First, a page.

Several other things, such as mortgage foreclosures and high gas prices, are contributing to that feeling of insecurity and desperation, she said.

So whenever word gets out that voucher applications are being handed out, which she said doesn’t happen very often, people get full of hope

It appears that the government bureaucrats were unprepared and didn’t bring enough applications (…no shocker there), and the crowd turned ugly:

People grew agitated. Several fights broke out. Police and firefighters said they were prepared if things were to turn violent on a large scale. Nearly 50 firefighters and paramedics from the city, county and Delray Beach set up across the street in the Town Center mall parking lot.

Then an official came out of the housing authority building and announced through a megaphone that disabled people should come forward.

Instead, the entire crowd surged forward. People fell down and were close to being trampled, witnesses said.

“That’s when all hell broke loose,” said Shannon Pierce, 26, of Lake Worth. Pierce, who is six months pregnant and had been waiting in line since 6 a.m. “We almost got trampled over.”

What can you say? It’s subprime behavior from subprime borrowers.

This may have been the first housing riot, but I doubt it’ll be the last.

#4 Gold surpasses $1000 per ounce and oil passes $110 per barrel: March 13, 2008

There’s no real shocker here, either. When a government begins to "expand the money supply," the effects eventually manifest themselves in the price of those commodities that the government cannot manipulate or create out of thin air. After Bernanke cranks up the presses, more dollars end up chasing a finite quantity of oil and gold.

So, unsurprisingly, the price goes up.

But there could be something even more disturbing at work here. Namely, Bush and company may be preparing another war.

Iran? Syria? Lebanon?

We "wee folk" won’t find out until the bombs start to fall.

In a republic, the process of making war is simple and open. The people and their leaders debate the issues, weigh the opposing arguments, and then they make a decision. If they decide for war, the men go home, get their rifles, and form up on the village square (with their leaders in the front row).

In an empire like ours, wars are the result of the fog and mist of imperial politics. Lies and propaganda become the coin of the realm as competing factions struggle for power. Outside observers must learn to operate like Kremlinologists of old.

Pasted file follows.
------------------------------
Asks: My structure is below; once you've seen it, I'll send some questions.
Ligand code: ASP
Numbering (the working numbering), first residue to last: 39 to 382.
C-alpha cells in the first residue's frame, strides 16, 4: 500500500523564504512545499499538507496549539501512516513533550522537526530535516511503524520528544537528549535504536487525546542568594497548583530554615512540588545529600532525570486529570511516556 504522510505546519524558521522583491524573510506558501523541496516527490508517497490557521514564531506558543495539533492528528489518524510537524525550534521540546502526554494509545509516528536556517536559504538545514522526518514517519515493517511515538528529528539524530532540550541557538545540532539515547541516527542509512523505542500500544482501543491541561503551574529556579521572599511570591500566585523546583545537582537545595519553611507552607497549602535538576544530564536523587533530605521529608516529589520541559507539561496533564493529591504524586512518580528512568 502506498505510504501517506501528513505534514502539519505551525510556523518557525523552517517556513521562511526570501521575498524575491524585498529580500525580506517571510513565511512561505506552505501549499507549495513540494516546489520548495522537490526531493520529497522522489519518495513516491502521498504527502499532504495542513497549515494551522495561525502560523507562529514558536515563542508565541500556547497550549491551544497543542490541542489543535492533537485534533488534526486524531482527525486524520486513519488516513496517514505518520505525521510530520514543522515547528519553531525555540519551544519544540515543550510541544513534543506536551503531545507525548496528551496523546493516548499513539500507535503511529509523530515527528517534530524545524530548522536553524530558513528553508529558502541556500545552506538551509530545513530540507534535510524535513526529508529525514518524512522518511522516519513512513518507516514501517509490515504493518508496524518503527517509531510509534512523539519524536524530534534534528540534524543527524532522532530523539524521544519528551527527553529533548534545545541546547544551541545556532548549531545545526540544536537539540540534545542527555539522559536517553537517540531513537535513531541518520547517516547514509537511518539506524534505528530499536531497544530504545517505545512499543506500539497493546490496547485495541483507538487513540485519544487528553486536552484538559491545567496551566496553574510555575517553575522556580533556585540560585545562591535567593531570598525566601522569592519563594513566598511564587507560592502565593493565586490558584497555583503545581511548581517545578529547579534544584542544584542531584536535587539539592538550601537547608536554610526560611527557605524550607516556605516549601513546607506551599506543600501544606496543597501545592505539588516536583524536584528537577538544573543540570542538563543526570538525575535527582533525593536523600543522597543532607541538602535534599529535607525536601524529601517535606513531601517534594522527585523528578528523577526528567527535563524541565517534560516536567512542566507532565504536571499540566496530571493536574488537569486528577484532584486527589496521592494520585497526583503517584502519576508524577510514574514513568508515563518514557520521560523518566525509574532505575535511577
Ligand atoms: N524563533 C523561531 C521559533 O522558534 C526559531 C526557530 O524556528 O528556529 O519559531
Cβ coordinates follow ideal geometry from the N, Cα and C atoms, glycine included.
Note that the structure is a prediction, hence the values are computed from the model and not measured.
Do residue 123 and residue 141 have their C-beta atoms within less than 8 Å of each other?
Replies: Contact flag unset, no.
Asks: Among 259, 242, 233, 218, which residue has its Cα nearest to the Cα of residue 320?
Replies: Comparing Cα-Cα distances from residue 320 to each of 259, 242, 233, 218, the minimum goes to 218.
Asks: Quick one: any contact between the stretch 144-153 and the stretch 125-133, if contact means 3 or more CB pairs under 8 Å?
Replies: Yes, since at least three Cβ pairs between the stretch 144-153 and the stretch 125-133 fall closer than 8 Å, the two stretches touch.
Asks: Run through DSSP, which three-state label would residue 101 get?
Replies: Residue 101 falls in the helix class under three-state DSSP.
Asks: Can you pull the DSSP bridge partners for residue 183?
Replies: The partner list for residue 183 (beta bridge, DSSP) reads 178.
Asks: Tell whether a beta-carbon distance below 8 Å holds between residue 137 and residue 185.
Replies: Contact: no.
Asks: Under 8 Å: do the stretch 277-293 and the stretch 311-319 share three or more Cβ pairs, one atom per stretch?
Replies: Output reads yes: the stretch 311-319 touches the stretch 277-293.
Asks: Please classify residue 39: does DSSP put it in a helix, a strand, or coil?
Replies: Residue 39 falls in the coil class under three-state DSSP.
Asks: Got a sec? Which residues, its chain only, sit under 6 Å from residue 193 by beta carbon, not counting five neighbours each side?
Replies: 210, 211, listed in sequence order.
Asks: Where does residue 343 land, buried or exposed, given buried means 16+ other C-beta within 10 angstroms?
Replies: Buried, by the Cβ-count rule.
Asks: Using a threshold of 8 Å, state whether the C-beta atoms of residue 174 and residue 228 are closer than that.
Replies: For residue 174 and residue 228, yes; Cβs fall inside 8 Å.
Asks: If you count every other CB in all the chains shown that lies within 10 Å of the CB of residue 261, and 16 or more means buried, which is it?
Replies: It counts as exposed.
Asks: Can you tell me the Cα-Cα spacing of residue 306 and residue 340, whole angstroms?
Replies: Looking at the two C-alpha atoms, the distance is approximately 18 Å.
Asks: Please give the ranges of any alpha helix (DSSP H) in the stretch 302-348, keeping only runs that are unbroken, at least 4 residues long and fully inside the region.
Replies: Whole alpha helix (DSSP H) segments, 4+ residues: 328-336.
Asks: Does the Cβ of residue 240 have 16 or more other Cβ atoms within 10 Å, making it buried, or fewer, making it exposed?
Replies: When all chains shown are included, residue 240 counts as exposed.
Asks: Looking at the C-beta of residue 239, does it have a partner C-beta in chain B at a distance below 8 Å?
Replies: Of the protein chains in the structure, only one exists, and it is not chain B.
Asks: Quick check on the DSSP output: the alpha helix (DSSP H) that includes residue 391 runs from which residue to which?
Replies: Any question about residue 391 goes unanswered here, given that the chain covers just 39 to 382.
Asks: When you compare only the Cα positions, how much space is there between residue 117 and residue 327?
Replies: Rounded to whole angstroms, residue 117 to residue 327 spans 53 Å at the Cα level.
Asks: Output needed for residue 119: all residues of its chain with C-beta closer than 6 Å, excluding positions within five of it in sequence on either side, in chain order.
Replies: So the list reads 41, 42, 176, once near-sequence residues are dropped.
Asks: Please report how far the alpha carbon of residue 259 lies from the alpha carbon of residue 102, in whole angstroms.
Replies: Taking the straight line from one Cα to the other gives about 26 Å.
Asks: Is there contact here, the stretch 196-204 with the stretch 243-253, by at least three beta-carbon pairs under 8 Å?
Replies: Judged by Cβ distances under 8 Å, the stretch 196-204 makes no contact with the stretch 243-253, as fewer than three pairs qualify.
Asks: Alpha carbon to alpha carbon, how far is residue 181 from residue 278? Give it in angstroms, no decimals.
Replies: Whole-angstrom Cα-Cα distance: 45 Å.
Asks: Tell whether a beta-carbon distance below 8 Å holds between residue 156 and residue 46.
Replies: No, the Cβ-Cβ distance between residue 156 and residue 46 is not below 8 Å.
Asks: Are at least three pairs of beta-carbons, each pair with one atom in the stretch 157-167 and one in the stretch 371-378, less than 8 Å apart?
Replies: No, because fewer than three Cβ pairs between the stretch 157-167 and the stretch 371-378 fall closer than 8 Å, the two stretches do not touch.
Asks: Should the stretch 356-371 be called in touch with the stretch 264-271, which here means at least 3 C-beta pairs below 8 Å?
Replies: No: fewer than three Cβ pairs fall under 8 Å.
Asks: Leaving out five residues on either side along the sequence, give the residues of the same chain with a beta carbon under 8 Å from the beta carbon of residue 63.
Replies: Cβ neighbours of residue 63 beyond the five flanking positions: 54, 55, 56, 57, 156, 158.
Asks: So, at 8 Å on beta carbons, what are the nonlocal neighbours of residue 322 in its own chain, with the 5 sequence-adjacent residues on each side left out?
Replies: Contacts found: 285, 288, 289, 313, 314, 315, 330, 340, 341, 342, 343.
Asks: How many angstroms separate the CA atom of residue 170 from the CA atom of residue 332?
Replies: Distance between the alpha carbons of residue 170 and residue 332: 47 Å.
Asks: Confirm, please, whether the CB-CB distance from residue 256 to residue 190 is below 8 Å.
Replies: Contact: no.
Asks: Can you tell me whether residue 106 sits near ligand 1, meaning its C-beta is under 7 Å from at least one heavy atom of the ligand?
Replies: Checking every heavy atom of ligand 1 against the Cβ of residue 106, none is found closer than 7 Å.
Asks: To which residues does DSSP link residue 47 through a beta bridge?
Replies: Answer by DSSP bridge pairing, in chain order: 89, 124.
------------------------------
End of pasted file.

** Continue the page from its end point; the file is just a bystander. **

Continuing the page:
Which advisor is the most favored? Which lobbying group has purchased the most senators? Which general is about to get fired?

Without inside access, we are reduced to watching in horror as the various interest groups struggle to gain the upper hand, leaving us merely to wonder who our next "enemy" will be.

Conclusion:

America is heading into a deep systemic crisis. Our currency continues its free fall, unemployment is rising, and inflation is surging. Our political system has become radically dysfunctional. Our next Great Leader will be either Dr. Strangelove, The Wicked Witch of the West, or a genteel facsimile of Louis Farrakhan.

As the French foreign minister so undiplomatically observed, the magic is over.

America’s days as the world economic hegemon are winding down.

The sad thing about this mess is that it was completely avoidable.

The underlying cause is both simple and obvious: activist government (with a healthy dollop of incompetence and corruption).

Our ruling elite actually believed it could bring democracy to the Middle East by military force. The numbskulls actually thought that they could make every American a homeowner by the magic of regulatory fiat. They were absolutely convinced they could maintain an eternal "Goldilocks economy" through the wizardry of fiat currency expansion.

Like the Good Book says: Pride goeth before a Fall.

To be honest, it has been somewhat depressing to have spent years writing about this…all seemingly for naught.

So what’s left but to throw back that martini?

And hold the ice…there’s plenty of that where we’re all going.

Steven LaTulippe [send him mail] is a physician currently practicing in Ohio. He was an officer in the United States Air Force for 13 years.